The solution to this problem is simple yet effective: Resilience is not built in one day, but it takes effort. As pediatricians, we are empowered to inculcate resilience each day, even with minimal effort. It can be done by modeling positive behaviours, providing doses of subtle education at each visit through handouts, videos or social media messages, by identifying resources in the community or by simply saying a few words of motivation and encouragement. Intervention should not only be done when a problem is glaring at you in the face, intervention should aim at primary prevention. We need to tell ourselves before we see each child that toxic stress is as scary as meningitis and resilience is as important as vaccines.
I still remember seeing a child in my well clinic continuously being called “ADHD” and shoved off due to his disruptive behaviours. But, in reality he was going through a life-changing experience at home due to incarceration of a parent. Someone had once considered ADHD after seeing the child pacing in the room, and at every visit, the evaluating physician continued to be biased by the prior evaluation, hence depriving the child of the crucial support that he needed at such a time. The lesson to be learnt from that patient was, first, that toxic stress is more common then we think it is, and second, in order to recognize it and promote resilience, our mind needs to be free of bias when we walk into a room.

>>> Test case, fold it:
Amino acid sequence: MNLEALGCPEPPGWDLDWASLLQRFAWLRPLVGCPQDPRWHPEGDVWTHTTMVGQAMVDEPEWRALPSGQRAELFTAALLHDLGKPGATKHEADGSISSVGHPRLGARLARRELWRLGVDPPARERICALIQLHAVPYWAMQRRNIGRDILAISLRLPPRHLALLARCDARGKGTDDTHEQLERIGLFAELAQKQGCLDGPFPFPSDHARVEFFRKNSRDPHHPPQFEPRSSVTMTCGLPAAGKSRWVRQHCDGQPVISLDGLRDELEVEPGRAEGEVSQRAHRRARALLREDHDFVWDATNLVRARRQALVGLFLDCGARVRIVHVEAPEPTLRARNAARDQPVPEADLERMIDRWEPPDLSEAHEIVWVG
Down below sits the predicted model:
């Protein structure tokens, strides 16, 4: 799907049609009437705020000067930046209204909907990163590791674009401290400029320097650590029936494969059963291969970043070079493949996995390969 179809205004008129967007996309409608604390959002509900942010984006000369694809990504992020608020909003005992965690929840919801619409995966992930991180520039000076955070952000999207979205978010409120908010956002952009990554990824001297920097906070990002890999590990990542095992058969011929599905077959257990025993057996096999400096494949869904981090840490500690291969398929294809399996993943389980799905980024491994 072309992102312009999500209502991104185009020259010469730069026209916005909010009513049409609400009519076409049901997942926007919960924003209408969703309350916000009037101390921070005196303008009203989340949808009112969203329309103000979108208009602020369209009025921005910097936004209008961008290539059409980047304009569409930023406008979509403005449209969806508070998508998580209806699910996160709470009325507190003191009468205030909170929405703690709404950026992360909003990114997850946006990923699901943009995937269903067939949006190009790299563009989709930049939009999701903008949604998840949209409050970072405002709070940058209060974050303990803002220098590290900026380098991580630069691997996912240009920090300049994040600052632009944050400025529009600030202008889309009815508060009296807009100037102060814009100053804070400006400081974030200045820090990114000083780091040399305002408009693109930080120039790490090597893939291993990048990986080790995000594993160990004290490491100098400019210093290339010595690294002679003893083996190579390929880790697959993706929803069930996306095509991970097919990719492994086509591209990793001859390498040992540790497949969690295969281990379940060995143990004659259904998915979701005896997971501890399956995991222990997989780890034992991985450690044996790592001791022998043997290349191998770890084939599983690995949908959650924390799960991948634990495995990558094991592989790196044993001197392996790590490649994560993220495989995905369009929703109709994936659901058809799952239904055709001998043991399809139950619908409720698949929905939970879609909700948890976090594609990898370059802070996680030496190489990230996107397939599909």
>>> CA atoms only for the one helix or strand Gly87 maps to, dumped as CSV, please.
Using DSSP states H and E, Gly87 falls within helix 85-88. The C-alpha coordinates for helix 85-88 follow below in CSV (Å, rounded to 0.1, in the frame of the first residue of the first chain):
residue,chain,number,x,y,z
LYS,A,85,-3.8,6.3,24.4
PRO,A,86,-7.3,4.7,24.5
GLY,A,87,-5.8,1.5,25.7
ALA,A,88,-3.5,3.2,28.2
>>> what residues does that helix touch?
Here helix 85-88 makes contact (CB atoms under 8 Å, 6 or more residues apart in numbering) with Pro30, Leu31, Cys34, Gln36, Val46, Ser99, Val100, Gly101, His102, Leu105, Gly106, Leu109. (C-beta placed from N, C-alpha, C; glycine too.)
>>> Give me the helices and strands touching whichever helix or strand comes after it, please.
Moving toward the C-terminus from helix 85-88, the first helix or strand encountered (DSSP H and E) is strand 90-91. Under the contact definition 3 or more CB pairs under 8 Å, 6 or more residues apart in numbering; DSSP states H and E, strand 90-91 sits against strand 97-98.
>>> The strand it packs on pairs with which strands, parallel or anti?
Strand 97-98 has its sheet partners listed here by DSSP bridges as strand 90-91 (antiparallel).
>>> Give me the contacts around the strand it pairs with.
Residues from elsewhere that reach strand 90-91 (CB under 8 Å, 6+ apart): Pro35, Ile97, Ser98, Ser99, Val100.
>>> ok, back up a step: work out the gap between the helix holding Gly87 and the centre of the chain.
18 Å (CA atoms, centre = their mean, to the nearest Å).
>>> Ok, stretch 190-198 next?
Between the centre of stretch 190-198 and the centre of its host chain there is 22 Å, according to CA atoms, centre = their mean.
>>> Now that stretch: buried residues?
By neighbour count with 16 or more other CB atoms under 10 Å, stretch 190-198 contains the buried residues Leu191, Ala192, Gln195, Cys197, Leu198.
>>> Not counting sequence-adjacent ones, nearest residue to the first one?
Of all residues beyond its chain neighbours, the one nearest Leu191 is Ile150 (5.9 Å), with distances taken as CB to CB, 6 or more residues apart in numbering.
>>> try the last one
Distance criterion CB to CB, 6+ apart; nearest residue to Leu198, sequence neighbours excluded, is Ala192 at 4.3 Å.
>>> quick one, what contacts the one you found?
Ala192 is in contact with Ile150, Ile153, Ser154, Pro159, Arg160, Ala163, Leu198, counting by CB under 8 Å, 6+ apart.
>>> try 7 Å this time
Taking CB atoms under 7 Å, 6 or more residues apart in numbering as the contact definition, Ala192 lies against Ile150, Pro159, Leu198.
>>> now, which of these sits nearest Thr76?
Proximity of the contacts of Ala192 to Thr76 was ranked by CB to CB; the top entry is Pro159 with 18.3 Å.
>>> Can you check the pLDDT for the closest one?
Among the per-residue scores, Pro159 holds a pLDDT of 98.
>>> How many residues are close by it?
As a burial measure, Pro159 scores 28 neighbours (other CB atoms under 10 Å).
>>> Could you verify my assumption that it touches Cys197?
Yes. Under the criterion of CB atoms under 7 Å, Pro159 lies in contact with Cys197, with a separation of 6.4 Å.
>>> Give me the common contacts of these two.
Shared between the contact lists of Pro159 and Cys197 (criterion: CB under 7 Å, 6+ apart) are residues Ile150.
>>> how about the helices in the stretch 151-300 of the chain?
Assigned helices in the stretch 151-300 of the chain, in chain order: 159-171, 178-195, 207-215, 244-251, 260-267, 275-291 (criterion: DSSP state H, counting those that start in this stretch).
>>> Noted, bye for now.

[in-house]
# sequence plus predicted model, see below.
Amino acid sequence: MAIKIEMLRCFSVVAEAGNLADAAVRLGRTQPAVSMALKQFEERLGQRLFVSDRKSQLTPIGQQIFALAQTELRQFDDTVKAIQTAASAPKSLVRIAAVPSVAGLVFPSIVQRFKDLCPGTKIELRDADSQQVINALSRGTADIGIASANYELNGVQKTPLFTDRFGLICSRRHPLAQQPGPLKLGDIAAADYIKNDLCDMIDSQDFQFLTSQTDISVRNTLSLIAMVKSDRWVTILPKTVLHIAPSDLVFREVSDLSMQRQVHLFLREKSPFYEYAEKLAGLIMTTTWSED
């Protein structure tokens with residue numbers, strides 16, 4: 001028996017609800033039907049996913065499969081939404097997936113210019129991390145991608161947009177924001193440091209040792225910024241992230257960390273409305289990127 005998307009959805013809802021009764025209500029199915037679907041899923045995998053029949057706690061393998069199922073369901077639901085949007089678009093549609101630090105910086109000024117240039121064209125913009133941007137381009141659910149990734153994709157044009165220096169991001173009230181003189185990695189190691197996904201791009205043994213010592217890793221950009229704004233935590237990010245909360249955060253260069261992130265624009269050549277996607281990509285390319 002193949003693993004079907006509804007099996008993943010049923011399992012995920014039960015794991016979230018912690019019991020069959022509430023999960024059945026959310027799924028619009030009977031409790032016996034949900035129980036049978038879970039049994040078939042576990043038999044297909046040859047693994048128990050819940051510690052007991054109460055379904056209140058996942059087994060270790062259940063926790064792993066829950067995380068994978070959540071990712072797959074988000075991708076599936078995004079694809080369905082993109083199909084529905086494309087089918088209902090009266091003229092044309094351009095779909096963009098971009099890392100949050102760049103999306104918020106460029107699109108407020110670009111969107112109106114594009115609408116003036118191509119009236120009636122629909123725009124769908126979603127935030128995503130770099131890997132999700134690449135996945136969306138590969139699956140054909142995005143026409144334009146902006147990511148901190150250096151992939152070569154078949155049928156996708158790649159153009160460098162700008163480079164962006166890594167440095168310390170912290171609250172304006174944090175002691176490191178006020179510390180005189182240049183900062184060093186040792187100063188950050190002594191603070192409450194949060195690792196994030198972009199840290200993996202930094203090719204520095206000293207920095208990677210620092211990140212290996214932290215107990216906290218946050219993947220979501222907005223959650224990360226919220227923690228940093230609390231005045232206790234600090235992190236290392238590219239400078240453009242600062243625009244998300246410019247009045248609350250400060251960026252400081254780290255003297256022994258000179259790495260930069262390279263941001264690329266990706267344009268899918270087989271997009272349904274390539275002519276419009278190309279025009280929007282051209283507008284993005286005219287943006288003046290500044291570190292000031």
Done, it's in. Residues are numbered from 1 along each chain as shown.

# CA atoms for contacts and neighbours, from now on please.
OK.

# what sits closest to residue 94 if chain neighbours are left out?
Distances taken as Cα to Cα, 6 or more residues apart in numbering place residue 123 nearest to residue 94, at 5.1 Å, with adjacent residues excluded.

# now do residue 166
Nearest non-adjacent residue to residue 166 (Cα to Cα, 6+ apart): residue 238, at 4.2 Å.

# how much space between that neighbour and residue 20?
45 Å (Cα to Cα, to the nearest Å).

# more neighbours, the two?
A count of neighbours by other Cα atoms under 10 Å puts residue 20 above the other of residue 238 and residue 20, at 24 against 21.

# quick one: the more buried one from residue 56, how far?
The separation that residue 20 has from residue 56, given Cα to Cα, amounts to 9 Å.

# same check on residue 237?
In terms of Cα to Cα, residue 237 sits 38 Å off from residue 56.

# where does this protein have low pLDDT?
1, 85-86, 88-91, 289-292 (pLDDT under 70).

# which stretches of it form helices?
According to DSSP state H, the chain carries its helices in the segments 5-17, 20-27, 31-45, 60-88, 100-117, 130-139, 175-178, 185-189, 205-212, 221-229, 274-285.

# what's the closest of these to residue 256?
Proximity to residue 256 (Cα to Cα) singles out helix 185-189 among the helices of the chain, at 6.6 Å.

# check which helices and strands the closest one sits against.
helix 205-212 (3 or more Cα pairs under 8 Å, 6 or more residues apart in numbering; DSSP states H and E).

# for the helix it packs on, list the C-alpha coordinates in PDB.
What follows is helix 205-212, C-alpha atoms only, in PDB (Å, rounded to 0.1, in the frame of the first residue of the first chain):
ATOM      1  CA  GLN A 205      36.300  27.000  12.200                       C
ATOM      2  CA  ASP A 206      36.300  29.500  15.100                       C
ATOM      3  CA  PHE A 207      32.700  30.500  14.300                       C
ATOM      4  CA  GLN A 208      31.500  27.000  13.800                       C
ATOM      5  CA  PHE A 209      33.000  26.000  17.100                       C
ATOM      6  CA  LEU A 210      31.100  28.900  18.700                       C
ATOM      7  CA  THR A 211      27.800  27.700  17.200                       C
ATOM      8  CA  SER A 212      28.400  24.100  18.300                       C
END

Although parents are the most instrumental link in the cycle of developing resilience and preventing toxic stress in children, it is extremely important to develop a strong community framework that identifies the impact of toxic stress. The role of the pediatrician lies in helping parents identify key persons in the community, including educationists, mental health providers, child welfare services, shelter services, trauma informed centers and many more. A pediatrician who is not equipped with the oversight of these resources in the community may be excellent in his skill but can serve as a barrier to the child’s path of resilience. It is also important for the pediatrician to recognize each family’s limitations, including culture, language, and geography to ensure maximum effectiveness.
Stress is a part of each individual’s life and is not always harmful. What we owe to our patients is not its prevention. Rather, our aim should be to help these young minds cope with stress and transform it into a positive force in their life. We should also help overwhelmed parents realize that their support can save their child from numerous physiological and psychological side effects. And provide them the relevant resources so that they don’t feel that they’re alone in this struggle. On a piece of paper, all these acts may feel and sound trivial, but lets remember, in the bigger scheme of a child’s lifetime, every bit counts!
Saba Fatima, MD, originally hails from Karachi, Pakistan and is currently training as a pediatrics resident in Philly. She has a passion for children and writing, and she hopes for a world where no child has to die because they can’t afford to live. She is a 2018 Doximity Scholar. She tweets @SabaFatimaAli and blogs at https://sabafatimaali.wordpress.com/.